Minister for Communications Malcolm Turnbull joined many of the world’s leading experts on China at the Australian National University (ANU) 2014 China Update.
Economic and political reform was the focus of the fourteenth China Update, which was presented by the China Economy Program within the ANU Crawford School.
Mr Turnbull opened the event, using his speech to highlight the rapid economic growth experienced by China over the last twenty years.
“China is exceptional - unique - in so many ways, in both the pace and scale at which it has taken hundreds of millions of people from poverty to the middle class.
“No country, large or small, has quadrupled its per capita income from $2000 to $8000 in so short a time as the 16 years it took China, from 1995 to 2011. Australians needed 107 years to do that. Although to be fair that was a very long time ago,” he said.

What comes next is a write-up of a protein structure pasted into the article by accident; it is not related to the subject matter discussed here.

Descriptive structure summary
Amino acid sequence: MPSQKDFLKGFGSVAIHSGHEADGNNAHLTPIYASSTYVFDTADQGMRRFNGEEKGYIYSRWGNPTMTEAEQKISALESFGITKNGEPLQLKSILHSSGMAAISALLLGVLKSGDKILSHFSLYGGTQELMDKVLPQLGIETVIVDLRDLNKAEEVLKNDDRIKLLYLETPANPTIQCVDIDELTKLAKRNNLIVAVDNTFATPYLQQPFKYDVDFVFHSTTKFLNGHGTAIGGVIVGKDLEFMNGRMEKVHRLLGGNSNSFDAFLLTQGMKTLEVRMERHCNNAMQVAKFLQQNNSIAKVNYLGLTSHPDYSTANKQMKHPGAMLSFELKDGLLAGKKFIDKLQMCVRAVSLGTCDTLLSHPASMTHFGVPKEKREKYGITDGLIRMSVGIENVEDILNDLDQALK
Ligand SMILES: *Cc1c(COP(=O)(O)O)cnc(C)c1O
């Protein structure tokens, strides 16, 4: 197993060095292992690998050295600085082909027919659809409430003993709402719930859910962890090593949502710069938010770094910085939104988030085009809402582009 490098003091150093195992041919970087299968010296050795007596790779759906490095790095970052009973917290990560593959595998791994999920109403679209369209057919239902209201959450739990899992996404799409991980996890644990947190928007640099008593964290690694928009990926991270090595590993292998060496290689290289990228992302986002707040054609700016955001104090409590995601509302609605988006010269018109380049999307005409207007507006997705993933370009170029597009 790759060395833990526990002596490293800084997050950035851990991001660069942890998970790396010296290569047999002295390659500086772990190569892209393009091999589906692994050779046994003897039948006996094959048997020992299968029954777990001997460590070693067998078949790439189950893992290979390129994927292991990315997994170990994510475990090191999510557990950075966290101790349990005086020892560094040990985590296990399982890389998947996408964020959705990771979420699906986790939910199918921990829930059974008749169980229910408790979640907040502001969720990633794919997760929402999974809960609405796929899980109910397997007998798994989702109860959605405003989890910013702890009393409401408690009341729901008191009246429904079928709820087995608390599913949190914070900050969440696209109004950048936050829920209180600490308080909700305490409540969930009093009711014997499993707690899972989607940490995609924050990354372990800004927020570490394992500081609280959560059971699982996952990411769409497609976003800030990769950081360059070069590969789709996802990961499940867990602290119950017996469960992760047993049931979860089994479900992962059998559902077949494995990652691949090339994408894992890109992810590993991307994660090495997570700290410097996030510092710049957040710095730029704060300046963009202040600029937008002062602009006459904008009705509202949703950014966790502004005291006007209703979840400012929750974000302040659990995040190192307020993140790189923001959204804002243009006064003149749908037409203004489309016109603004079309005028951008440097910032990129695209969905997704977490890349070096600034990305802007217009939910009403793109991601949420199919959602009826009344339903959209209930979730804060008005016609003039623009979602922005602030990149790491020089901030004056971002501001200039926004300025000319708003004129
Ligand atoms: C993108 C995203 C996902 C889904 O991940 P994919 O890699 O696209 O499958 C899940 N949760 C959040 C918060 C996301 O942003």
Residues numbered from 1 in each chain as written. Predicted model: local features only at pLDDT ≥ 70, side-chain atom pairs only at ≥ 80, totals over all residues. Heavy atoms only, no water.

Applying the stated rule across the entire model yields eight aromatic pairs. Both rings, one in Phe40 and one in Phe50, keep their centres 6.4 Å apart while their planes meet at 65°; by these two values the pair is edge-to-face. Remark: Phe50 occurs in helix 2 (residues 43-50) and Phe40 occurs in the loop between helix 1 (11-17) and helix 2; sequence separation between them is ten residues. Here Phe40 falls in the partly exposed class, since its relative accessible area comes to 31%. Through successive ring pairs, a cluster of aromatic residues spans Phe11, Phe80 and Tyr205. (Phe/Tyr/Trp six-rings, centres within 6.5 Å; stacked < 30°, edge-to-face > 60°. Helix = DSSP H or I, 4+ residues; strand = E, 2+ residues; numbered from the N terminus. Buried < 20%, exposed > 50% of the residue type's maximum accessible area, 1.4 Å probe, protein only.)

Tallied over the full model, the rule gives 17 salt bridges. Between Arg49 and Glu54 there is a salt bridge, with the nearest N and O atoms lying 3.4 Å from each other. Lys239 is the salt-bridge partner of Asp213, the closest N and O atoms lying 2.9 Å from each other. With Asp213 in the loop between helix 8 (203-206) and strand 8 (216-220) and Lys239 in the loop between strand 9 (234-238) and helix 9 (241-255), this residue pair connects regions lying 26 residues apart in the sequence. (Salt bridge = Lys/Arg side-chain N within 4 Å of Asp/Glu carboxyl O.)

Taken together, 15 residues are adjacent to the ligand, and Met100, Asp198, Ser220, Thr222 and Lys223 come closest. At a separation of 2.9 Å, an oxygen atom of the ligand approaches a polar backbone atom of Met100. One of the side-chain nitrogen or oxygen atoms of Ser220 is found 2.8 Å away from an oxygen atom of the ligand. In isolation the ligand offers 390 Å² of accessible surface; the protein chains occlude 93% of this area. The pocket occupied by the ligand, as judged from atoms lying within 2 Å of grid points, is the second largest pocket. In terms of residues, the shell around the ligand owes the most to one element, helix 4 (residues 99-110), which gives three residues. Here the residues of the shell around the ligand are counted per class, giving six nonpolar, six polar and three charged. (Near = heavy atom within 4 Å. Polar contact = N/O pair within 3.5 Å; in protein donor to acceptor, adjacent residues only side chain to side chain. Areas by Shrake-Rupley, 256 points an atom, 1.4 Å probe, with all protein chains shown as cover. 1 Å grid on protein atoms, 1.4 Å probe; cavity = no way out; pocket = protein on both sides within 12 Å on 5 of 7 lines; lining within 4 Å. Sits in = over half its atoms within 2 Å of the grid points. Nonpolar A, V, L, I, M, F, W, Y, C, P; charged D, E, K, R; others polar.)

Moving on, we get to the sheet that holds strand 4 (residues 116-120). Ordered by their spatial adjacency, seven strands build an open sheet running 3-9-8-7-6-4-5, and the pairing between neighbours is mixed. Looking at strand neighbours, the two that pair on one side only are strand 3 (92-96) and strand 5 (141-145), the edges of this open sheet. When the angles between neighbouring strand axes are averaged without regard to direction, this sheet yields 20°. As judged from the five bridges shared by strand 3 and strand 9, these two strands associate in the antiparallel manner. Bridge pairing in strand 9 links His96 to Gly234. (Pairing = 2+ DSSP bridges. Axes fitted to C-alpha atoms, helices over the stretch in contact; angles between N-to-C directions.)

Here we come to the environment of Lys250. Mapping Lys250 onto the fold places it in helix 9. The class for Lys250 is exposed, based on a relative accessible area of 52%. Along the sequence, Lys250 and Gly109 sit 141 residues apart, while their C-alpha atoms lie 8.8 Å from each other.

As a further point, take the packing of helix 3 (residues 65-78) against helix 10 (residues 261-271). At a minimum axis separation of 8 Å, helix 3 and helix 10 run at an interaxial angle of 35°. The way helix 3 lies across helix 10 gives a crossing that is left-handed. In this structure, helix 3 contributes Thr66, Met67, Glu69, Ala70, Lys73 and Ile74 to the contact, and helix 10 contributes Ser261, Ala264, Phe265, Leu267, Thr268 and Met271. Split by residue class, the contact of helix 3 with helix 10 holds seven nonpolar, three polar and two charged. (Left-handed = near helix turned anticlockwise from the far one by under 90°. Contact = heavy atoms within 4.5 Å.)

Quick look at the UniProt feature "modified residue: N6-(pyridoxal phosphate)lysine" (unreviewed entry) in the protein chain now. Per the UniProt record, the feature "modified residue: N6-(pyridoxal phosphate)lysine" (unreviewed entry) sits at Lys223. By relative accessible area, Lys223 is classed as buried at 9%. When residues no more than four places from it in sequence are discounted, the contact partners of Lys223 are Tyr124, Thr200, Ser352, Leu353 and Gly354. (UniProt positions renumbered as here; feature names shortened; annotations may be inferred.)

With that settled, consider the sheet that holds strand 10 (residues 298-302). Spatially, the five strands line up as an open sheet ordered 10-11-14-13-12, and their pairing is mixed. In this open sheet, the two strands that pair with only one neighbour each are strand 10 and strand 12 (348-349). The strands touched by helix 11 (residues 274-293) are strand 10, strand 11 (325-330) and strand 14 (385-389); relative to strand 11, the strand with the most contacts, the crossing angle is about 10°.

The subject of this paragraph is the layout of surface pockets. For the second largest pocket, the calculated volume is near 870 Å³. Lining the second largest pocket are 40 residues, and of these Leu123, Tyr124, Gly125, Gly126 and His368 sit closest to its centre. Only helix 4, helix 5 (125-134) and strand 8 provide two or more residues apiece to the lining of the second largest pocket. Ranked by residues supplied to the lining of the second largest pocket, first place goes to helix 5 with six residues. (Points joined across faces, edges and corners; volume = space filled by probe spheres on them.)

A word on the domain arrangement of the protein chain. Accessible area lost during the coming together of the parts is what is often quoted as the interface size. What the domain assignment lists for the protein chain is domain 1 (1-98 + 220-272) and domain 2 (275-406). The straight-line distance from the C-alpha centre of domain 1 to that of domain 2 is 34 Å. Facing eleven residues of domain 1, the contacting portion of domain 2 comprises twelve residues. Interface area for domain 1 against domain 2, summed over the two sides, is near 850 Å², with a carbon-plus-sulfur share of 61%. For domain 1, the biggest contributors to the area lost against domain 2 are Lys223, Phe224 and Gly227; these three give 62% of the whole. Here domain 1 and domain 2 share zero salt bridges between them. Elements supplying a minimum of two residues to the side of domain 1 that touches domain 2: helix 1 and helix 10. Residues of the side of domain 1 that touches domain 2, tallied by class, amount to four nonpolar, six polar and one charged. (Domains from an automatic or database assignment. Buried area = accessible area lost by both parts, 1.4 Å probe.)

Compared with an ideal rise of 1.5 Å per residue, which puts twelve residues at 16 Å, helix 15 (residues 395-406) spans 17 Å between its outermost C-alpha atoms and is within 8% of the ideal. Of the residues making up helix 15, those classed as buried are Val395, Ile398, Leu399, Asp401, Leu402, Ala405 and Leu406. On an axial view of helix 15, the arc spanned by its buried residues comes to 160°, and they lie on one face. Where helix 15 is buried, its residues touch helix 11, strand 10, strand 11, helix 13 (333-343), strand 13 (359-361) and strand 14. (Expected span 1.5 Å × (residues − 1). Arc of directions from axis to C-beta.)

However he also suggested there is significant reform work ahead for China.
“The challenge for the political leadership is how to ensure that household income and consumption can grow faster than GDP, with the consequence that there will be slower growth in investment and especially construction activity but do so without unacceptable increases in unemployment.
“A Chinese economy with a higher share of consumption (say 50 per cent plus ) will have a much larger services sector which is, of course, much more labour intensive than the capital intensive heavy industries and infrastructure projects which have been so advantaged in the past,” he said.
Chair of the 2014 China Update Professor Ross Garnaut said the series of panel discussions with leading academics and policy makers was a highlight of the event.
“The panel format allows for free flowing discussion amongst top intellectuals. By incorporating audience questions the format allows for new perspectives from visitors and brings out discussion on emerging issues,” Professor Garnaut said.
2014 China Update: Deepening Reform for China’s Long-term Growth and Development is available for download at ANU Press.